The wars and the continuing conflict have also led to the separation of families. For example, research by Chatham House established that although the Line of Control has helped to reduce the attacks, it remains a barrier to movement. 8% of the respondents in the research said that they had several friends across the border, but only 1% of the respondents managed to meet with them for over five years (Bradnock 12). An even smaller percentage reported they knew people who had crossed the border in order to meet their friends or family. The number of internally displaced people has also increased as a result of the conflict. According to the study, it explains the increasing need for the conflict to be resolved. The war has also made the relations between the Pakistanis and Indians sour, creating an attitude of intolerance between them. The Human Rights Activist's body in India also adds that India has set the oppressive laws where innocent civilians are usually hurt. For example, the Prevention and Suppression of Sabotage Act, the 1978 Public Safety Act, and the Internal Movement Ordinance laws, among others, abuse the rights of Kashmir people who are oppressed by Indian troops (Majid and Mhabpood 154-155). Today, the need for a solution is even higher, because the two warring countries have a nuclear capacity, threatening the explosion of a nuclear war.
Relationship between Kashmir and India and Pakistan
Today, India and Pakistan continue to disagree on the issue of Kashmir. There are several reasons why Pakistan fights India over Kashmir. First, water remains an issue of concern to Pakistan. The water levels in Pakistan would only last for thirty days when compared to the conventionally recommended levels of 200 for the driest countries. Pakistan thus wants Kashmir since the Indus River flows through it. The Kashmir area also has glaciers and rivers which are valuable sources of water. If India takes total control over Kashmir, Pakistan fears that the supply of water will be cut off (Raghavan 111). On the other hand, India is keen to not surrender Kashmir for the fear of setting up a precarious example for the other regions under it, which are becoming increasingly restless for their independence. The two countries want control over Kashmir due to the strategic positions and security offered by the mountains. The mountainous nature of Kashmir provides both countries with high ground, which is extremely helpful during times of military conflicts (Bose 99).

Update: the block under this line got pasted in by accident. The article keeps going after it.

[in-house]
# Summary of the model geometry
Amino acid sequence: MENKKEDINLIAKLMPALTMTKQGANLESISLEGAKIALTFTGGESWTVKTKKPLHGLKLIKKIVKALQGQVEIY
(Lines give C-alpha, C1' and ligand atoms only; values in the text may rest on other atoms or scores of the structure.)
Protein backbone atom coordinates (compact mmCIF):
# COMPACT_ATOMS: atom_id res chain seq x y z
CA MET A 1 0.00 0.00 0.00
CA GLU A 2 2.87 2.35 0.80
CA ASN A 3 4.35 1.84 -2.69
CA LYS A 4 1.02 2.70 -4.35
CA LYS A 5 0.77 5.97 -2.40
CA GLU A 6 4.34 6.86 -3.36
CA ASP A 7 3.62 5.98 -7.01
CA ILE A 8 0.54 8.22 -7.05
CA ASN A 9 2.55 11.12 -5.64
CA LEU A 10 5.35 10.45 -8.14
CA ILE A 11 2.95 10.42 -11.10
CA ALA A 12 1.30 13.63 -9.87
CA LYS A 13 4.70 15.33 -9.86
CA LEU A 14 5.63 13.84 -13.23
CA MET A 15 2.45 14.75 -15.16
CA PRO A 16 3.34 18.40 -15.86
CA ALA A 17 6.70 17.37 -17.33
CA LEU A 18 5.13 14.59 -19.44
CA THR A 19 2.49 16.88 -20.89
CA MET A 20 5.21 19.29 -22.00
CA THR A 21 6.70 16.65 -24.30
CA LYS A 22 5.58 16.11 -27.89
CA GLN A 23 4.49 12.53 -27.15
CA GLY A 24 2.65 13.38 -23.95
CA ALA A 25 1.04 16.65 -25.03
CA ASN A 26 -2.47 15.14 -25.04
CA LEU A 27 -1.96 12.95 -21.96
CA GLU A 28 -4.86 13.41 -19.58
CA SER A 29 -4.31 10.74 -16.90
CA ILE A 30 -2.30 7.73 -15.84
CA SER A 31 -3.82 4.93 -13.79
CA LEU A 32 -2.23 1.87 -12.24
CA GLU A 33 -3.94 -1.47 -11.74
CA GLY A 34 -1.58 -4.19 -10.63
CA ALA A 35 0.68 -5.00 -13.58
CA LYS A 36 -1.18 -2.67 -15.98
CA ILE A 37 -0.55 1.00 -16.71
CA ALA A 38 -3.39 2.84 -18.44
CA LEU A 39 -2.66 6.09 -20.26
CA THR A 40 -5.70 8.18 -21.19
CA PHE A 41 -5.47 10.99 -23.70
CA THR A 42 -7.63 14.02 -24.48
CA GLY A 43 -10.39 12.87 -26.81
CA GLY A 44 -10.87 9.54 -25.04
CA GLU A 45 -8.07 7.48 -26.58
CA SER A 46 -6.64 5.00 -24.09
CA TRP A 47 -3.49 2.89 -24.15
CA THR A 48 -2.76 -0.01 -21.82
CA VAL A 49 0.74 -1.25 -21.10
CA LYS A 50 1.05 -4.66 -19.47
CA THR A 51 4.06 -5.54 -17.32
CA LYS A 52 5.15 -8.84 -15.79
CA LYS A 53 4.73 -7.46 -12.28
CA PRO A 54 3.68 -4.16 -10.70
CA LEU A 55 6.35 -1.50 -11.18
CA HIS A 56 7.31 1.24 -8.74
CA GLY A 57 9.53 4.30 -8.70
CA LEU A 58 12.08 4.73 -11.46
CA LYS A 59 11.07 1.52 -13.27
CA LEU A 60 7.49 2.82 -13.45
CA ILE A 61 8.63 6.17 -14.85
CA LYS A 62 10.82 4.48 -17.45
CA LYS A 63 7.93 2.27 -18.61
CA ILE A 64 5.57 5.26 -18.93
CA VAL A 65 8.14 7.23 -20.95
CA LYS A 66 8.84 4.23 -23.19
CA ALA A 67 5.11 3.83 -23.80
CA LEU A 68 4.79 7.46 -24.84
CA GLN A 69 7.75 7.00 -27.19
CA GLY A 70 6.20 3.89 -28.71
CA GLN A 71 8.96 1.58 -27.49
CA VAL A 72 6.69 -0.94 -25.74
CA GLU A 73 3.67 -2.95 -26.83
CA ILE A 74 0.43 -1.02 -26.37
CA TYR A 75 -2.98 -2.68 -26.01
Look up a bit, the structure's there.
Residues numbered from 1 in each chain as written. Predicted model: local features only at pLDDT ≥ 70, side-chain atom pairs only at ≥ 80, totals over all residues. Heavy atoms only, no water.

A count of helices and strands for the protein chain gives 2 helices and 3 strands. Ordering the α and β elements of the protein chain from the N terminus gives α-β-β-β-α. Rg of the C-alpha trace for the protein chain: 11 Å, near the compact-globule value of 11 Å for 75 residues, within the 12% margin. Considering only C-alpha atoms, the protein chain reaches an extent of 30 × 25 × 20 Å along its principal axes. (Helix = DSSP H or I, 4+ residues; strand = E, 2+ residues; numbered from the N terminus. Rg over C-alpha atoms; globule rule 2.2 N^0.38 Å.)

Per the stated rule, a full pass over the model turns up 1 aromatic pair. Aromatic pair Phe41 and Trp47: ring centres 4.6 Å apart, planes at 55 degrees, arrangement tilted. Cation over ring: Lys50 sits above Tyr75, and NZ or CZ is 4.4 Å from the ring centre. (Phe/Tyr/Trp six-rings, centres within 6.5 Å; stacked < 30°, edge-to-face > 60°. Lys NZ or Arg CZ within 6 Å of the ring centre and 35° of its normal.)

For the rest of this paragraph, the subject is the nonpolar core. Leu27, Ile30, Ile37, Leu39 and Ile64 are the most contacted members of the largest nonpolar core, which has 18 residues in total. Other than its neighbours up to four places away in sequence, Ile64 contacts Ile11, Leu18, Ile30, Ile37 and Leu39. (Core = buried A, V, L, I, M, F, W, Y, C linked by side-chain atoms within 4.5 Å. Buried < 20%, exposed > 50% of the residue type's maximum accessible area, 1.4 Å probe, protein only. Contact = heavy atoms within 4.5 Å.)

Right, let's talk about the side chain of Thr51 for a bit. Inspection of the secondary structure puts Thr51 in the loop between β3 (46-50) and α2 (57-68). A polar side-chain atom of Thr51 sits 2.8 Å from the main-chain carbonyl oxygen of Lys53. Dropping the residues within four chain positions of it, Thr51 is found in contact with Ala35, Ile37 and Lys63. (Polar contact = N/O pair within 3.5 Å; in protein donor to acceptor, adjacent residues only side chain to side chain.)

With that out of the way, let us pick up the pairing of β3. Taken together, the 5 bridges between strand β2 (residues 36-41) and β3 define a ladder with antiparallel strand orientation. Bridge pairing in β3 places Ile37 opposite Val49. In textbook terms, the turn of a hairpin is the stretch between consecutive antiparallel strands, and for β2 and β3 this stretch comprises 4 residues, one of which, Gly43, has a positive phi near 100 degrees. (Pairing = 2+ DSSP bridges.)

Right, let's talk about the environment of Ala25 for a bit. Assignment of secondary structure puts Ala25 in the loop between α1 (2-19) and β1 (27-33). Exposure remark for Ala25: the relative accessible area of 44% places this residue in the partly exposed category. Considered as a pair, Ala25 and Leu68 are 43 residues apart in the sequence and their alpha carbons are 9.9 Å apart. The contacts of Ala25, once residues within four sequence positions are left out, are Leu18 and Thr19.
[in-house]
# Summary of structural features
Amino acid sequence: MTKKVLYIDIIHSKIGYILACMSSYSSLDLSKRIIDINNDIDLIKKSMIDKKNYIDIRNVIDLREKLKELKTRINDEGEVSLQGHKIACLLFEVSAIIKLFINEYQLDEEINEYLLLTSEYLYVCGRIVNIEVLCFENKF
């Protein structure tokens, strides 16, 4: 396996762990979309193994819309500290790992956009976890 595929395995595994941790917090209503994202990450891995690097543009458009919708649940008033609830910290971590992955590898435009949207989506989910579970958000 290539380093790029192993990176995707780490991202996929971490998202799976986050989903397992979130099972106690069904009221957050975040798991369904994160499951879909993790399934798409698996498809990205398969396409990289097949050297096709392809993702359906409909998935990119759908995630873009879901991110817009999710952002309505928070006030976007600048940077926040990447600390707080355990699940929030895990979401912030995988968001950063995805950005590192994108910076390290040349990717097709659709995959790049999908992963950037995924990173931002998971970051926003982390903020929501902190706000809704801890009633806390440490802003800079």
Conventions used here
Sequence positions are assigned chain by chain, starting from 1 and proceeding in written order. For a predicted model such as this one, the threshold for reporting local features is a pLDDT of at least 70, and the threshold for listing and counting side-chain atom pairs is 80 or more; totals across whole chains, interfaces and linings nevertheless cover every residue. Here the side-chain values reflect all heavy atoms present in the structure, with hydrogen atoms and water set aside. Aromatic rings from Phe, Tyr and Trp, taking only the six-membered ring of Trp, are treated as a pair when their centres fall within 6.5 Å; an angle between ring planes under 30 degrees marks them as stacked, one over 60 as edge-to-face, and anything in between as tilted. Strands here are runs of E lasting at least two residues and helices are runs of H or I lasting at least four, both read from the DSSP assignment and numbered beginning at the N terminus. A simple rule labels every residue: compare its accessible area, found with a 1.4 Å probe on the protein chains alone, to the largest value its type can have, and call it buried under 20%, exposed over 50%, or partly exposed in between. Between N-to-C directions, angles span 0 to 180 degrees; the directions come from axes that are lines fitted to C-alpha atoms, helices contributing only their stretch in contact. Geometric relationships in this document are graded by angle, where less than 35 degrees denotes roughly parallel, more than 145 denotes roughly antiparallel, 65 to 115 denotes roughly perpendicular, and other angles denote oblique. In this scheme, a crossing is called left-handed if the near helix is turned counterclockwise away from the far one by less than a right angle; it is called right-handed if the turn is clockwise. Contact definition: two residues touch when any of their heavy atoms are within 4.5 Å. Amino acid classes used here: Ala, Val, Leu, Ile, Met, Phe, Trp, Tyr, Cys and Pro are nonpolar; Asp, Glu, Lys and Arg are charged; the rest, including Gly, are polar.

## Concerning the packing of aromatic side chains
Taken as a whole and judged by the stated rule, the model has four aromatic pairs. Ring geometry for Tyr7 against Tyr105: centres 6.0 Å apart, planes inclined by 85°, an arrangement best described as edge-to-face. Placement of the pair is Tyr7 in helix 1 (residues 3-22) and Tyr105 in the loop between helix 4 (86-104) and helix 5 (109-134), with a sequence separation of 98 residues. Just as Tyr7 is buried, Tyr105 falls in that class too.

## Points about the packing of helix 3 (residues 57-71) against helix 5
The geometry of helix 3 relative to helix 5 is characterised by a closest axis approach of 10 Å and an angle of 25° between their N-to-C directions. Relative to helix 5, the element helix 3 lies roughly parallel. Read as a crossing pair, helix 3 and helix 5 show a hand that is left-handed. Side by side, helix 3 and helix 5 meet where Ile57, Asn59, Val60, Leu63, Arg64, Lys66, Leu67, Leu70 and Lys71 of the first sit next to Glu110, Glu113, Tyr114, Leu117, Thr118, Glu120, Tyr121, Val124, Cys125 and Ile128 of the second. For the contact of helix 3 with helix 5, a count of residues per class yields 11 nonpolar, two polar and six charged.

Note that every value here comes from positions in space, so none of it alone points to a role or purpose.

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India also wants to keep Kashmir for the fear that surrendering it to Muslims might trigger a war against the Hindus, who would be the minority. Furthermore, Kashmir would open up several routes to other countries, such as Afghanistan. Both countries, therefore, want to possess the area to derive the advantages that would come with the route (Ankit 166). A religious interest also explains Pakistan’s need for Kashmir. Indian nationalists advocate for a nonspiritual and pluralist India, where all religions must coexist. Muslim leaders of Pakistan, however, argue that Muslims and Hindus were meant to be two nations, and hence cannot effectively and peacefully coexist. Consequently, this religious reason explains Pakistan’s position in regard to Kashmir. The religious and nationalism differences demonstrate that there were more things that people got from Britain apart from their independence. Britain’s view and approach to nationalism were introduced in a subcontinent, where religion was conventionally central to people’s culture and where language and religion could only find regional focus. People learned that they could remain independent, make their own choices, and fight for what they believe in regardless of the consequences. This belief, since Kashmir has a large Muslim populace, explains the determination of Pakistan.
Attempts for Peace
Even though there have been wars and skirmishes, and they continue even now, it should not be assumed that the two countries have not made attempts to solve the dispute. They have been ranging between ceasefires, agreements, and involvement of other countries. In 1948, for example, India introduced the Kashmir issue to the UN Security Council. The resolution stated that the referendum needed to be held in order to determine Kashmir’s fate and that Pakistan was to withdraw their troops, while India had to also reduce the number of troops to a minimum (Fayaz 72).